Large gardens stretched away towards the east, and in the midst of them lay the lake Gygaeus, covered with gay boats and snowy swans, and sparkling like a mirror.

A short distance from the lake were a great number of artificial mounds, three of which were especially noticeable from their size and height.

[See also Hamilton's Asia Minor, I. P. 145. Herodotus (I. 93.) calls the tombs of the Lydian kings the largest works of human hands, next to the Egyptian and Babylonian. These cone-shaped hills can be seen to this day, standing near the ruins of Sardis, not far from the lake of Gygaea. Hamilton (Asia Minor, I. p. i) counted some sixty of them, and could not ride round the hill of Alayattes in less than ten minutes. Prokesch saw l00 such tumuli. The largest, tomb of Alyattes, still measures 3400 feet in circumference, and the length of its slope is 650 feet. According to Prokesch, gigantic Phallus columns lie on some of these graves.]

"What can those strange-looking earth-heaps mean?" said Darius, the leader of the troop, to Prexaspes, Cambyses' envoy, who rode at his side.

"They are the graves of former Lydian kings," was the answer. "The middle one is in memory of the princely pair Panthea and Abradatas, and the largest, that one to the left, was erected to the father of Croesus, Alyattes. It was raised by the tradesmen, mechanics, and girls, to their late king, and on the five columns, which stand on its summit, you can read how much each of these classes contributed to the work. The girls were the most industrious. Gyges' grandfather is said to have been their especial friend."

"Then the grandson must have degenerated very much from the old stock."

"Yes, and that seems the more remarkable, because Croesus himself in his youth was by no means averse to women, and the Lydians generally are devoted to such pleasures. You see the white walls of that temple yonder in the midst of its sacred grove. That is the temple of the goddess of Sardis, Cybele or Ma, as they call her. In that grove there is many a sheltered spot where the young people of Sardis meet, as they say, in honor of their goddess."

"Just as in Babylon, at the festival of Mylitta."

"There is the same custom too on the coast of Cyprus. When I landed there on the way back from Egypt, I was met by a troop of lovely girls, who, with songs, dances, and the clang of cymbals, conducted me to the sacred grove of their goddess."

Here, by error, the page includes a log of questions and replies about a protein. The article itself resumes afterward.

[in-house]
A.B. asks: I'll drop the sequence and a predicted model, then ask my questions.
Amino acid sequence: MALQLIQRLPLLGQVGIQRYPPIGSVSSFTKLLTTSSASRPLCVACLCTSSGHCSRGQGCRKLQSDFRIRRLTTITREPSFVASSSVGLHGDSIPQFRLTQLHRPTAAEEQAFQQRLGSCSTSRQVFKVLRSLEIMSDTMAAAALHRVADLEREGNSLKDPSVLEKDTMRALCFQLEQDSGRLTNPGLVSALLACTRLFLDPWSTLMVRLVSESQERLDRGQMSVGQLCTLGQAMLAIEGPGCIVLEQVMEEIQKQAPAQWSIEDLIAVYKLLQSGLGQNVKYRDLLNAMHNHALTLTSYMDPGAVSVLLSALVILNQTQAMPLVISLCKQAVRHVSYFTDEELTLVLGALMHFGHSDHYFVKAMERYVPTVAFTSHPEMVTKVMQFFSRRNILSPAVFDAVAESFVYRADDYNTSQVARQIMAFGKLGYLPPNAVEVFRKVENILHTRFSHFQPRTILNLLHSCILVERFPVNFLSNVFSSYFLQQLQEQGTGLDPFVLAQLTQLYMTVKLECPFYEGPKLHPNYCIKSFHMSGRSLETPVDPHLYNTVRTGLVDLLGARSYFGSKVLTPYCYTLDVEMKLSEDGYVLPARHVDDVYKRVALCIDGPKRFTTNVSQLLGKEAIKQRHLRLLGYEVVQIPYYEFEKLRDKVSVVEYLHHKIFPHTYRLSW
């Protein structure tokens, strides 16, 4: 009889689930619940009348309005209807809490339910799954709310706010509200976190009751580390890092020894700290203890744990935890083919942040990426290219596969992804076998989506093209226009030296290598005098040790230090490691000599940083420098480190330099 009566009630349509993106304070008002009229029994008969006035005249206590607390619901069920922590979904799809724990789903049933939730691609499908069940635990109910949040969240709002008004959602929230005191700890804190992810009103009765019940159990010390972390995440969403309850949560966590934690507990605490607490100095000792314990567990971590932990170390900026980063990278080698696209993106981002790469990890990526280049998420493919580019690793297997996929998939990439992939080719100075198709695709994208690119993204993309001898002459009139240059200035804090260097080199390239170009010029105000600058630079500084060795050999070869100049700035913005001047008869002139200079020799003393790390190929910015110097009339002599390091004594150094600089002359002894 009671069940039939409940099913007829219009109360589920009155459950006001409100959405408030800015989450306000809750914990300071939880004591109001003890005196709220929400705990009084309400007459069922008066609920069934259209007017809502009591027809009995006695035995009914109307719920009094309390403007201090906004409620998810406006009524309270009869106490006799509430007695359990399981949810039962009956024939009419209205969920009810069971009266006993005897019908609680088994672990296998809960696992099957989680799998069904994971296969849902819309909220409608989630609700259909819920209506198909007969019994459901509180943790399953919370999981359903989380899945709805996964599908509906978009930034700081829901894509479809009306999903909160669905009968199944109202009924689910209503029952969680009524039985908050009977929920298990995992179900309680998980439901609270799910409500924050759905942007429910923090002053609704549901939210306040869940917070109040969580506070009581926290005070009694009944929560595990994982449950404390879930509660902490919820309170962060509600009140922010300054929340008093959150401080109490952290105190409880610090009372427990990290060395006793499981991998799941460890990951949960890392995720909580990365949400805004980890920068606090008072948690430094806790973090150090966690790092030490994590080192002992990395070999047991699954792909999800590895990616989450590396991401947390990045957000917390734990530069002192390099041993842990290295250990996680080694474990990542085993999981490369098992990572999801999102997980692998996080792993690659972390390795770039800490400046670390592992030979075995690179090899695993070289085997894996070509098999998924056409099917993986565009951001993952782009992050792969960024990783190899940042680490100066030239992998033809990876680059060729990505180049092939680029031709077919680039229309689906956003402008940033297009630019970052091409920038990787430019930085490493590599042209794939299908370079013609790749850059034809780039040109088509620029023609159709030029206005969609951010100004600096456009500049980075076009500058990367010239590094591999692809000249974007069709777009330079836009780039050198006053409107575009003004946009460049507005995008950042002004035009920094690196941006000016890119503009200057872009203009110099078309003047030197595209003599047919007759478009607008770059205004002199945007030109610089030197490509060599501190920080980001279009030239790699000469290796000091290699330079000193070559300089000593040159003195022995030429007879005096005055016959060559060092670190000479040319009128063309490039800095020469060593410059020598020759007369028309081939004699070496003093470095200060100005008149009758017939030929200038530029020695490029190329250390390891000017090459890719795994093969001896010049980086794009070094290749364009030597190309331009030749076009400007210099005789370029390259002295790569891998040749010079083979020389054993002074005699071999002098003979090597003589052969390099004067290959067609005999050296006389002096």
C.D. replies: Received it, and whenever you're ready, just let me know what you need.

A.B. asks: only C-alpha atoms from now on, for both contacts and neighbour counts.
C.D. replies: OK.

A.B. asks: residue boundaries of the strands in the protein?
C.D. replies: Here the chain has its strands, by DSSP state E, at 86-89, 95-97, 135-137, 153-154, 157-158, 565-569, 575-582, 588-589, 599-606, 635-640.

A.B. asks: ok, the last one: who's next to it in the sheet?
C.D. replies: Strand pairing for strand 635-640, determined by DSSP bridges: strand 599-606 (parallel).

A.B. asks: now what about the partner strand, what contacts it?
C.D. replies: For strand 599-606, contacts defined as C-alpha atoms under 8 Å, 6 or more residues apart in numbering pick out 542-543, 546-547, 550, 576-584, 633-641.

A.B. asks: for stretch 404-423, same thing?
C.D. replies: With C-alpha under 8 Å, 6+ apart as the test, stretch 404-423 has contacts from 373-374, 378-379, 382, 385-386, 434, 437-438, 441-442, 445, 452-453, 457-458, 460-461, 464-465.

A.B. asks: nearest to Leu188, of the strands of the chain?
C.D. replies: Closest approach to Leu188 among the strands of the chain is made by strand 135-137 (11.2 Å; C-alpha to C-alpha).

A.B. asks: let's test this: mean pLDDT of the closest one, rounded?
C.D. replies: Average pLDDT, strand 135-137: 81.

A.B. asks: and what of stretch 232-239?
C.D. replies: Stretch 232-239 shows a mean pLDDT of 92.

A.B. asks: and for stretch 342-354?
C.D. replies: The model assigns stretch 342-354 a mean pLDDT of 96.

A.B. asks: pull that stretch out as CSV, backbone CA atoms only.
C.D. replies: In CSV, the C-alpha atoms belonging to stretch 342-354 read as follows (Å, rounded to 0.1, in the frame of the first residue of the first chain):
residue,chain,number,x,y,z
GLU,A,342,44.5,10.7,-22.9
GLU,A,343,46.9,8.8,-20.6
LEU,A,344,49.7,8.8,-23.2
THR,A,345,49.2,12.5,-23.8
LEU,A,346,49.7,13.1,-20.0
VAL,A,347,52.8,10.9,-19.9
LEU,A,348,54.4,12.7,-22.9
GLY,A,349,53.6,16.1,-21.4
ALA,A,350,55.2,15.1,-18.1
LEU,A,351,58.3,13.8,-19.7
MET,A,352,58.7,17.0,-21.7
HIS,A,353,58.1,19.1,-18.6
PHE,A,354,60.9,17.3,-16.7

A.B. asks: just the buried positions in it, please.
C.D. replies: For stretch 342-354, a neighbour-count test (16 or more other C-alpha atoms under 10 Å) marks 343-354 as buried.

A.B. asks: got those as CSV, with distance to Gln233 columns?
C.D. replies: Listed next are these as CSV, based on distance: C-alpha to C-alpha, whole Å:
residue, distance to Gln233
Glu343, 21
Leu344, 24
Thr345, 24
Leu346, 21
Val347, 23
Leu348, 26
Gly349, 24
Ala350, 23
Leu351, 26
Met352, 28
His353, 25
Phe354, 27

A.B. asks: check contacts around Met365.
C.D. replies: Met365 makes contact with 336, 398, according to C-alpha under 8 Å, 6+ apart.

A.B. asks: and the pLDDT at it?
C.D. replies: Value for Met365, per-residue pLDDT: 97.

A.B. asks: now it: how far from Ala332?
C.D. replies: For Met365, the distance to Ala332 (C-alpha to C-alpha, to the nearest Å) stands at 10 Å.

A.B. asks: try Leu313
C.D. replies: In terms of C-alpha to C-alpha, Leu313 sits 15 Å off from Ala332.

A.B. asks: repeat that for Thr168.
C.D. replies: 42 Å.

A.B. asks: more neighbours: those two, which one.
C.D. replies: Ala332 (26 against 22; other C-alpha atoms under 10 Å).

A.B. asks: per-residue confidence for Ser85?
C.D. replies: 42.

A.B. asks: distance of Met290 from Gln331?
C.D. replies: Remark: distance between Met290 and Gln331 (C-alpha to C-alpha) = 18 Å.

"Well, Zopyrus will not grumble at Bartja's illness."

"He will spend more of his time in the grove of Cybele, than at his patient's bedside. How glad I shall be to see that jolly fellow again!"

"Yes, he'll keep you from falling into those melancholy fits that you have been so subject to lately." "You are quite right to blame me for those fits, and I must not yield to them, but they are not without ground. Croesus says we only get low-spirited, when we are either too lazy or too weak to struggle against annoyances, and I believe he is right. But no one shall dare to accuse Darius of weakness or idleness. If I can't rule the world, at least I will be my own master." And as he said these words, the handsome youth drew himself up, and sat erect in his saddle. His companion gazed in wonder at him.

"Really, you son of Hystaspes," he said, "I believe you must be meant for something great. It was not by chance that, when you were still a mere child, the gods sent their favorite Cyrus that dream which induced him to order you into safe keeping."

"And yet my wings have never appeared."

"No bodily ones, certainly; but mental ones, likely enough. Young man, young man, you're on a dangerous road."

"Have winged creatures any need to be afraid of precipices?"

"Certainly; when their strength fails them."

"But I am strong."

"Stronger creatures than you will try to break your pinions."

"Let them. I want nothing but what is right, and shall trust to my star."

"Do you know its name?"

"It ruled in the hour of my birth, and its name is Anahita."

"I think I know better. A burning ambition is the sun, whose rays guide

An Egyptian Princess, Volume 8. - 5/11